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</ol>
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== Naming and saving macros ==
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You can:
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* give a name to the most recently defined macro (<code>C-x C-k n</code>)
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* bind it to a key sequence (<code>C-x C-k b</code>)
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* insert it in the current buffer as lisp code (<code>M-x insert-kbd-macro</code>).
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{{Manual|emacs|Save-Keyboard-Macro|Save Keyboard Macro}}
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To bind a keyboard macro to a key use <code>C-x C-k b</code>. To avoid problems caused by overriding existing bindings, the key sequences <code>C-x C-k 0</code> through <code>C-x C-k 9</code> and <code>C-x C-k A</code> through <code>C-x C-k Z</code> are reserved for your own keyboard macro bindings. You can, however, bind a keyboard macro to whatever you like.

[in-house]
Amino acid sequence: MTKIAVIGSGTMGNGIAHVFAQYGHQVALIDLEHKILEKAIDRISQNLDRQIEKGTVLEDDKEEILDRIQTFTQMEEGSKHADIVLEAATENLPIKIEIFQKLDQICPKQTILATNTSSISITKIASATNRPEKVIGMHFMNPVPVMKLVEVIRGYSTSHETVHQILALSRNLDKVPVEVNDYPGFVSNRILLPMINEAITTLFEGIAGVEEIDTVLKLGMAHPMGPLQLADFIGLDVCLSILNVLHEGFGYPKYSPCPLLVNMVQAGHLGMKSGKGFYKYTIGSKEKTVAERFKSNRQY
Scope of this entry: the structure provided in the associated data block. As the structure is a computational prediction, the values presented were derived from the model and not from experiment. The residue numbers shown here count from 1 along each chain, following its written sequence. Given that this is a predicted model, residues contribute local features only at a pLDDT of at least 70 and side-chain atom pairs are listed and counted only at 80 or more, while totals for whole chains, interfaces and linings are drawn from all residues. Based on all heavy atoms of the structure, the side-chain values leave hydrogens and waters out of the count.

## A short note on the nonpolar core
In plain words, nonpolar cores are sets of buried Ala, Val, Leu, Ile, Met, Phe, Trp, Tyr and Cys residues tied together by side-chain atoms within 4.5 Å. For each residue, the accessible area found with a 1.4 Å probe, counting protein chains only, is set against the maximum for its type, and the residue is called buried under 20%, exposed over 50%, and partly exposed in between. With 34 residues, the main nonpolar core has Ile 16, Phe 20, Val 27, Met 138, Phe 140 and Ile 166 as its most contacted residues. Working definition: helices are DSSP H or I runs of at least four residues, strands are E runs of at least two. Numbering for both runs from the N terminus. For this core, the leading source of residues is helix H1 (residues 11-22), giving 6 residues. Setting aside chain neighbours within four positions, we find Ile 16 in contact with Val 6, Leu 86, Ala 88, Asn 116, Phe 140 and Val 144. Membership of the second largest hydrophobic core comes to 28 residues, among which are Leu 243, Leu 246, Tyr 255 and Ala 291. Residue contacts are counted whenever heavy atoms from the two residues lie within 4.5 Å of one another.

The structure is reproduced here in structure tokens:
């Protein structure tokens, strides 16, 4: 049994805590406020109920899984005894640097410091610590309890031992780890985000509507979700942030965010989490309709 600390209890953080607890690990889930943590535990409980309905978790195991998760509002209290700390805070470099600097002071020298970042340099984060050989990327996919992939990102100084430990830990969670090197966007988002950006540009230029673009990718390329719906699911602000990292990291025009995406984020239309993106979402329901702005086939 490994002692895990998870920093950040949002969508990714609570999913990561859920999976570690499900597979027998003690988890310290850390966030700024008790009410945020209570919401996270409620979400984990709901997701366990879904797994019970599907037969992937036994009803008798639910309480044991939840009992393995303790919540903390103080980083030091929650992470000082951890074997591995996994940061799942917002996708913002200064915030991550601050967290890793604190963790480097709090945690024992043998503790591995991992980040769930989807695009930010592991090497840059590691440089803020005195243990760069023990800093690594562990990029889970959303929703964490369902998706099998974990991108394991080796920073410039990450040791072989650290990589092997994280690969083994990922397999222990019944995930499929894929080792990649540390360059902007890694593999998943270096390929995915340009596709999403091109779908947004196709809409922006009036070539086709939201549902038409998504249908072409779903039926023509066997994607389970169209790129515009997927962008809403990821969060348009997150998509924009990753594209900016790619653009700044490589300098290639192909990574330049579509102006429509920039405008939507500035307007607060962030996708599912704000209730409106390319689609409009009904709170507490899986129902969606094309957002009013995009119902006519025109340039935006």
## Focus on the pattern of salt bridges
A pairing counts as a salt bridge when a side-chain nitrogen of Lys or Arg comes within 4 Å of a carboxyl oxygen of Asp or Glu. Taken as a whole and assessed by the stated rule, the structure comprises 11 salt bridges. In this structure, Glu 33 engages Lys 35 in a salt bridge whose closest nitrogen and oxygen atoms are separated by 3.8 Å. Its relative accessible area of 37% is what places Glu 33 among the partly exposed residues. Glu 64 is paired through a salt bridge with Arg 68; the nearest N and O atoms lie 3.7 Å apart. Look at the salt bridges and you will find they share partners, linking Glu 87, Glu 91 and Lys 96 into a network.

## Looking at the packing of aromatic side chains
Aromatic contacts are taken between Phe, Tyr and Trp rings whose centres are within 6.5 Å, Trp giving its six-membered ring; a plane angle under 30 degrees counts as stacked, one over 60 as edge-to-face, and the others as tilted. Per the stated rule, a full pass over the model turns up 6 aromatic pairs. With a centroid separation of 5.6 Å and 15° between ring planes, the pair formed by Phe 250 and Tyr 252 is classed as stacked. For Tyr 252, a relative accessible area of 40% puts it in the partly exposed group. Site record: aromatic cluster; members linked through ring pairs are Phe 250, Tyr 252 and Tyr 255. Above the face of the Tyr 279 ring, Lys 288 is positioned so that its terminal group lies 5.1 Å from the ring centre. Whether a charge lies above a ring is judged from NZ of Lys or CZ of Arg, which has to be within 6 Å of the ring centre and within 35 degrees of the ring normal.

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==Variables==
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Variables can be stored in lisp or in [[registers]]. Here's an example using lisp:
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<pre>
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[M-: (setq x 1)]
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<F3>
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Line number [C-u M-: x]
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[M-: (setq x (+ x 1))]
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<F4>
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</pre>
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Now execute the macro four times with the command <code>C-x e e e e</code> and you get: